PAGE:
A Letter From Sophie

I wanted to share this recent update from my sister Sophie, who moved to Ethiopia this summer to do medical missions work. Last spring on this blog many of you contributed money toward the work Sophie is doing there in Ethiopia. Sophie brought the money with her to Ethiopia, thinking she’d know more about how to spend that money once she’d been there awhile. Here’s what she came up with. I think you guys will like it!


Hi there!
I was talking to Dr. Mary when we were driving home from clinic the other day about money. She had just placed her medication order for the year, and was blown away by how expensive things were. She had to greatly reduce her supply of several meds, including those for tuberculosis. I was trying to think of how I could help, and remembered the money that was raised in the fundraiser on your blog.

I offered to help with medications, and we talked about the logistics of that. Then she gave me the option of running and funding the feeding program. I loved that idea, so decided that I would do it. So, starting in a few weeks, I’ll be the one making the special granola and purchasing the corn that Mary provides for those on her feeding program at our Thursday clinic.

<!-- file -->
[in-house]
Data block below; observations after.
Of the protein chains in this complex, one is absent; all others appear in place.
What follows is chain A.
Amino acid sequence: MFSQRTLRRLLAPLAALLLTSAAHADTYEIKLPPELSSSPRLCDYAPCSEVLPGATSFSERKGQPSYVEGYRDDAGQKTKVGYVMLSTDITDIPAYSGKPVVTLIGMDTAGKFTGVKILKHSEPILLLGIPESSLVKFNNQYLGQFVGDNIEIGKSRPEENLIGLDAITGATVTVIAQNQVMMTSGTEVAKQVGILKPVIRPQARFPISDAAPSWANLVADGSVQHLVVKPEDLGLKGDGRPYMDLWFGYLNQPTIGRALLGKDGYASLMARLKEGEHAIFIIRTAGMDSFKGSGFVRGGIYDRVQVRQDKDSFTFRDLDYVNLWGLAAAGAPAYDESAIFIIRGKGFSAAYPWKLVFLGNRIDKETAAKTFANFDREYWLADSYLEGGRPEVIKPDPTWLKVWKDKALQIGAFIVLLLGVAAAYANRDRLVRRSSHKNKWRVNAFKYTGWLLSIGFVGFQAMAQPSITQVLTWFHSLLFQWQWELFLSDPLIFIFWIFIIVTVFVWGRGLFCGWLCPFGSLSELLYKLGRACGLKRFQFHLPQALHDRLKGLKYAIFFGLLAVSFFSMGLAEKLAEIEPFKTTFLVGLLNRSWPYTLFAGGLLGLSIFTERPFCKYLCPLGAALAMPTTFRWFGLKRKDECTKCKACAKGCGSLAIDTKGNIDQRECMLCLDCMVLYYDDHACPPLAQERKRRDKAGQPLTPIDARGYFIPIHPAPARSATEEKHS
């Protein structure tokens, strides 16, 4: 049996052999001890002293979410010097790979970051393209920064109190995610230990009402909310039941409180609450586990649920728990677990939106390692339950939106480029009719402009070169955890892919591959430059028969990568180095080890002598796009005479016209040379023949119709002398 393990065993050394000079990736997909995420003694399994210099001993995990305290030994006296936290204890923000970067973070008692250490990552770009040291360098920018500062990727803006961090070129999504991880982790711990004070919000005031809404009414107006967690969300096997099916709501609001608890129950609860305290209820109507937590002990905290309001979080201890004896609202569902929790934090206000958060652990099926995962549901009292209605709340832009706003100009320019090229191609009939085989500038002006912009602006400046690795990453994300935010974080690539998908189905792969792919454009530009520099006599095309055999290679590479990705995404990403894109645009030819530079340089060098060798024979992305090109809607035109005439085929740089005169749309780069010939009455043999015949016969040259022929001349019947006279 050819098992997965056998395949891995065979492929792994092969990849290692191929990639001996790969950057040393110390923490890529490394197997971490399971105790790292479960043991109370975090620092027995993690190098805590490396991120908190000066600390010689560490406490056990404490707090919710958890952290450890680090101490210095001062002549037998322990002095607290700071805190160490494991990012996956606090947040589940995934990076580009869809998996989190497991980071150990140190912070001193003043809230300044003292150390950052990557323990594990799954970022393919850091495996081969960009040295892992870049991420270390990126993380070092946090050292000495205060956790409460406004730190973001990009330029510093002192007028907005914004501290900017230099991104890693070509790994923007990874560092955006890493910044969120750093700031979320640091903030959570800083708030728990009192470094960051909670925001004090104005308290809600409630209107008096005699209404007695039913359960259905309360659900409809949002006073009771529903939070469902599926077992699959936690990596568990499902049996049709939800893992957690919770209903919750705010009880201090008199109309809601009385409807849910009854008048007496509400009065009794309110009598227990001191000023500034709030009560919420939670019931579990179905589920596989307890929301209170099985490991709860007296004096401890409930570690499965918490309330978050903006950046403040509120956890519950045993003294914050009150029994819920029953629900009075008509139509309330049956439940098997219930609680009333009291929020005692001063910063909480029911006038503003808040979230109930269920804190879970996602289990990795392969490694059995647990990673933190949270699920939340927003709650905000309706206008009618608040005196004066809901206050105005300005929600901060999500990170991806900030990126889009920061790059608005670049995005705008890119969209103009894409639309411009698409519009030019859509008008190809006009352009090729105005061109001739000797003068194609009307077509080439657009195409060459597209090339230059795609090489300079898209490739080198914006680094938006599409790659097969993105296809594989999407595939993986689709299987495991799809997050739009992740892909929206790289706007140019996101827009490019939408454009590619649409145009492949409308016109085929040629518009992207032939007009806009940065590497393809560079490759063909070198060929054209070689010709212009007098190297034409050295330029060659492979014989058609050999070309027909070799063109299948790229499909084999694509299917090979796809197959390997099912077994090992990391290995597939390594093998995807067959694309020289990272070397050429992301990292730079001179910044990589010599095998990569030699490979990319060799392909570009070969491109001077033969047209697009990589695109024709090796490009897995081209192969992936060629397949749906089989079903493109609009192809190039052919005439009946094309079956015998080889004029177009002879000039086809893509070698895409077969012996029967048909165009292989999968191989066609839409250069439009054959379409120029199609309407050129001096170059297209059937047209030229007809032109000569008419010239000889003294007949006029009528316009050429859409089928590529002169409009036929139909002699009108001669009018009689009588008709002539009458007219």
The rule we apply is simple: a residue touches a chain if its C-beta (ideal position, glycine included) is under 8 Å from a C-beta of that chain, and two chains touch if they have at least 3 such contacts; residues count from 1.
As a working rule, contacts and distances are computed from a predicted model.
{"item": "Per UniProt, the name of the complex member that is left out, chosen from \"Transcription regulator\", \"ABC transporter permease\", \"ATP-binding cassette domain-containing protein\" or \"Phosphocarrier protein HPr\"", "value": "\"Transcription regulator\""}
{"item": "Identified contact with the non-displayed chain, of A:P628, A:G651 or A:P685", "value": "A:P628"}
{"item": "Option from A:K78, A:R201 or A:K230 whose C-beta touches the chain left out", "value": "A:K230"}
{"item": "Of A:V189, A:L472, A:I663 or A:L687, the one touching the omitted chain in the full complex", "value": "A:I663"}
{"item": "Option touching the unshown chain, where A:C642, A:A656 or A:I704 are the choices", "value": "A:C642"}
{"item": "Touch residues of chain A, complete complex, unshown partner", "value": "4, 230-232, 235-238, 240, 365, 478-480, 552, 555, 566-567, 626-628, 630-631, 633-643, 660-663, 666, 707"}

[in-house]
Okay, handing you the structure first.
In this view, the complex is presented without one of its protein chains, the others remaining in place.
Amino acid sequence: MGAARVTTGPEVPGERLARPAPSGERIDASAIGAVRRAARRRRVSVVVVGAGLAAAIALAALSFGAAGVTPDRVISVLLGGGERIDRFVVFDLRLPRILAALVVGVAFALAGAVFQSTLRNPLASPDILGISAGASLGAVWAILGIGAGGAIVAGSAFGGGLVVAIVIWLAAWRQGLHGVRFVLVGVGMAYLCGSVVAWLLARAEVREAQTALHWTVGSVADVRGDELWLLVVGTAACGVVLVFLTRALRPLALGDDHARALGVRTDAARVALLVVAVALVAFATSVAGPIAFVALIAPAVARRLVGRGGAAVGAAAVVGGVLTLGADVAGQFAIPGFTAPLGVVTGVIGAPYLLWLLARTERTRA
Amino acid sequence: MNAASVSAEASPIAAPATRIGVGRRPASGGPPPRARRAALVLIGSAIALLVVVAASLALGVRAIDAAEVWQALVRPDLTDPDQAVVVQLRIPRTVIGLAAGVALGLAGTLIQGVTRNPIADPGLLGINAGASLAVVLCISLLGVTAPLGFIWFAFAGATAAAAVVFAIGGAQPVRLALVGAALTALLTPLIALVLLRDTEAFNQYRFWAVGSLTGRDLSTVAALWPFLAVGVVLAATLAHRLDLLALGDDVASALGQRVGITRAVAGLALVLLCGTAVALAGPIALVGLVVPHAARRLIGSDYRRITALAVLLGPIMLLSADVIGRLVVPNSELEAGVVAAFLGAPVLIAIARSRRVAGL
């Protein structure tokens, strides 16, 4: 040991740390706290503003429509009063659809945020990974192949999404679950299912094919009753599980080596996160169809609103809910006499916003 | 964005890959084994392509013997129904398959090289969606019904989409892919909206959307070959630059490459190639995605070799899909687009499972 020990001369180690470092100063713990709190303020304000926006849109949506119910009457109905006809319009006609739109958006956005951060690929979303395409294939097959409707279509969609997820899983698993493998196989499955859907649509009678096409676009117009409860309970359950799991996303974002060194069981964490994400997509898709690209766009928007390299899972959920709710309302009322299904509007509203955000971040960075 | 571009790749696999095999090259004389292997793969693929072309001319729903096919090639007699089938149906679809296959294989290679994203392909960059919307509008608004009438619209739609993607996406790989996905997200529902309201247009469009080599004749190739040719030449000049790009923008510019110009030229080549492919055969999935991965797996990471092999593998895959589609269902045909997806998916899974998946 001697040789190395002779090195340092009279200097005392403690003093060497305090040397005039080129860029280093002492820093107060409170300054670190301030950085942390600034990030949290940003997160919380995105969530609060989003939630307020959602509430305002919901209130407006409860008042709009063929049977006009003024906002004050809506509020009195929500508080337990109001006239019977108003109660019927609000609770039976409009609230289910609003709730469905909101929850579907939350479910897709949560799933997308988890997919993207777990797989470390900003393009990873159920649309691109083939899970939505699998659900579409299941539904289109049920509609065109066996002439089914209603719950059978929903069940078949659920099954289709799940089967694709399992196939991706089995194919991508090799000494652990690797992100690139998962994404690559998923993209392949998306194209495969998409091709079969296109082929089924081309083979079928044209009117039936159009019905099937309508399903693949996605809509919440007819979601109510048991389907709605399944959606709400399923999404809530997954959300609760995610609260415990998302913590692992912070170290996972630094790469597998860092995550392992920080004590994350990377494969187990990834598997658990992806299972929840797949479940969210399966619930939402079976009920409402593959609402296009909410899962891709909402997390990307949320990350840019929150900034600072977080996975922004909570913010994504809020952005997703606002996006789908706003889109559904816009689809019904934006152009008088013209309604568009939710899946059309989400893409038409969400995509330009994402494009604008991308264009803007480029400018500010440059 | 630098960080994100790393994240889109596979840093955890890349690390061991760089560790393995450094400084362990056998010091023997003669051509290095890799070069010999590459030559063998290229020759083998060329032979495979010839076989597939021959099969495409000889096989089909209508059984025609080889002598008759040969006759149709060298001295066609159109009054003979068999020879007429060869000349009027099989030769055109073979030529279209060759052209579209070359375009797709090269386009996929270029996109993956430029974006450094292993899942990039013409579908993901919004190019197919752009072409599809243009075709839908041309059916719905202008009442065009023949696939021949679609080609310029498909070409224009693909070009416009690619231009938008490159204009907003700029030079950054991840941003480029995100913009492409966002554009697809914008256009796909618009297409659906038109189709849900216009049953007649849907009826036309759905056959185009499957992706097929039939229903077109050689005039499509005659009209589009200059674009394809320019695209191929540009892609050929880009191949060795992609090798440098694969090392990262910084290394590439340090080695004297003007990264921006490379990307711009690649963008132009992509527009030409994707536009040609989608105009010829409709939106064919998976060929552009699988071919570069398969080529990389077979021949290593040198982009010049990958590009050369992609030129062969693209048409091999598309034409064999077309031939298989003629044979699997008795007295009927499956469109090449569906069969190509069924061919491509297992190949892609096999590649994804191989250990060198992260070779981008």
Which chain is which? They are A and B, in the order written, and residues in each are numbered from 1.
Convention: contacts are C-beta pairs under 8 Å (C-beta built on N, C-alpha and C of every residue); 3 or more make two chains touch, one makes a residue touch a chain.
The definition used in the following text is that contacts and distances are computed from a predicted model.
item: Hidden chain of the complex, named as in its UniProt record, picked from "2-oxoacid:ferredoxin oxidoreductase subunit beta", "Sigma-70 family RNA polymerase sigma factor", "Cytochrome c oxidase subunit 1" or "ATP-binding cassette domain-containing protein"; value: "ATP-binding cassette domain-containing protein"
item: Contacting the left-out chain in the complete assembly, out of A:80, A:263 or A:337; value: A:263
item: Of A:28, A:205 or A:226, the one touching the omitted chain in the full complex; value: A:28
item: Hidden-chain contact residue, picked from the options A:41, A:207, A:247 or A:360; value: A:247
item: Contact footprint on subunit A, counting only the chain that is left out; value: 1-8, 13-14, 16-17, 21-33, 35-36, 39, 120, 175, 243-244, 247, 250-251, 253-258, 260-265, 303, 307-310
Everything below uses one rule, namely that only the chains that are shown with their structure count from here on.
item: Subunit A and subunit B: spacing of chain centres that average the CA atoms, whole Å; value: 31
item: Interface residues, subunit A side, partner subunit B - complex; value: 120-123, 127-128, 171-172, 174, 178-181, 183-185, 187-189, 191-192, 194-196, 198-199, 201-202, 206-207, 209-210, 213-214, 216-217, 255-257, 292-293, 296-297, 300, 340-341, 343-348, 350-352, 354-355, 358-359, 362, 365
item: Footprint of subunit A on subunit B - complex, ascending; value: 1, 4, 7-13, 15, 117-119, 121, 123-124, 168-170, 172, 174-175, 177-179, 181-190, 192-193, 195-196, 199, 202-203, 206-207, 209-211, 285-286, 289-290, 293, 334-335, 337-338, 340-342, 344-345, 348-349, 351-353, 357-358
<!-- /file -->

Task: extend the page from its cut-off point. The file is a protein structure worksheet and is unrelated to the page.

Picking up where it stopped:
Adults can get on the feeding program if they are desperately poor, and that poverty is validated by their malnourished appearance, and by the confirmation of others in the community. Infants are also a part of this program. Currently, we have 3 sets of twin babies that are “fed.” The high-protein granola is given to the infant’s breastfeeding mother so that she can produce enough milk to feed them. In order to get a refill (every other week), the babies are weighed to ensure that they are getting the benefit of the food.